For the first time an overarching plan – the Government Work Plan – has been created, to establish focus on what the States’ priorities should be.
Policy & Resources vice-president Heidi Soulsby is in charge of the plan.
She said it represented a big shift and should lead to tangible action.
‘People will know what government is doing and why it is doing it,’ she said.
‘It’s far more transparent than we’ve been before. There were great things in the Policy & Resource plan, but it was just too much and people could use it to justify everything. Now we’re saying these are the things that we’re going to do, you can hold us to account, you can see what we’re trying to do, and you’ll be able to see whether we’re meeting that or not.
‘So for the public it’s great for transparency, they can hold us to account.’
There are 10 recovery actions, which include tackling the housing crisis, starting the reorganisation of education and up-skilling the community.
So far there are 10 amendments to the plan, and Deputy Soulsby welcomed those challenges.
The most contentious amendment involves improving the range of drugs and treatments that are offered by the local health service, so that they reach the standard of the NHS.
From a financial perspective this amendment, from Deputy Peter Roffey, would be expensive on the taxpayer, so Deputy Soulsby said consideration was being given to a compromise that she hoped deputies could coalesce around.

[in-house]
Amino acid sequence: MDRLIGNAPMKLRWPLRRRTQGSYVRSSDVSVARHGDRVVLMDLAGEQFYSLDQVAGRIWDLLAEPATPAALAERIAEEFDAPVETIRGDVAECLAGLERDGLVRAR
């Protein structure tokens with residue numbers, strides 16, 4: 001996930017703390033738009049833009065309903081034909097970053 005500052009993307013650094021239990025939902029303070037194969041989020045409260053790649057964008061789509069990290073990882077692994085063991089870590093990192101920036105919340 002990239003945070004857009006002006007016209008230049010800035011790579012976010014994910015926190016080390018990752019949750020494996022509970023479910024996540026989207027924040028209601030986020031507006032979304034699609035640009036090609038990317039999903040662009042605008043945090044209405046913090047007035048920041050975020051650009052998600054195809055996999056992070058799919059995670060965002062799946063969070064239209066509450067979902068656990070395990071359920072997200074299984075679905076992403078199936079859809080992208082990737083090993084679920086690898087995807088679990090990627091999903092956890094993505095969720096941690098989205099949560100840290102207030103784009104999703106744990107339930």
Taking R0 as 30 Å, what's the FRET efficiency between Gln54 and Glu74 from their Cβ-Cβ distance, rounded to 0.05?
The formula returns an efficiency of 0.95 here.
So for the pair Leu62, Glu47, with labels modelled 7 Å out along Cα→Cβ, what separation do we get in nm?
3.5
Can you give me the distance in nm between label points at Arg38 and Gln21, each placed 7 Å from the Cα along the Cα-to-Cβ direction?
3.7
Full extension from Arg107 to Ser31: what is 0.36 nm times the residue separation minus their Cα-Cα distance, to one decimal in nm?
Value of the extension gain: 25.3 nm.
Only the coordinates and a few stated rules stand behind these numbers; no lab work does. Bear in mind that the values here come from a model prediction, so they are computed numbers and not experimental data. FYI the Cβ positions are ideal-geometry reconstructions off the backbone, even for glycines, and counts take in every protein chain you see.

Fresh from tackling the worst of the pandemic, Deputy Soulsby’s summer holiday project, which falls under the Government Work Plan, is to investigate a new structure of government for the island.
‘We need to start moving and getting a system that works more effectively, having a regard to how Covid was managed and the structures we had in place there.
‘I’m more swayed towards an executive system but it doesn’t mean that I can’t see the disadvantages of it as well, for me it’s about which model will work best for us now.’
The Government Work Plan has become part of the parlance of politicians, but Deputy Soulsby acknowledged that it had not really set the public alight.
But she felt the name of the plan let people know what it was about.
‘We talked about this and we decided no, because it does what it says on the tin, you could give it a fancy title but actually I think it turns people off. We’ve had the Future Guernsey plan, then we had Revive and Thrive, and that sounds great, but we thought it’s more important what’s in it than what the title is.’
The plan is set to be discussed at the next States meeting, which starts tomorrow.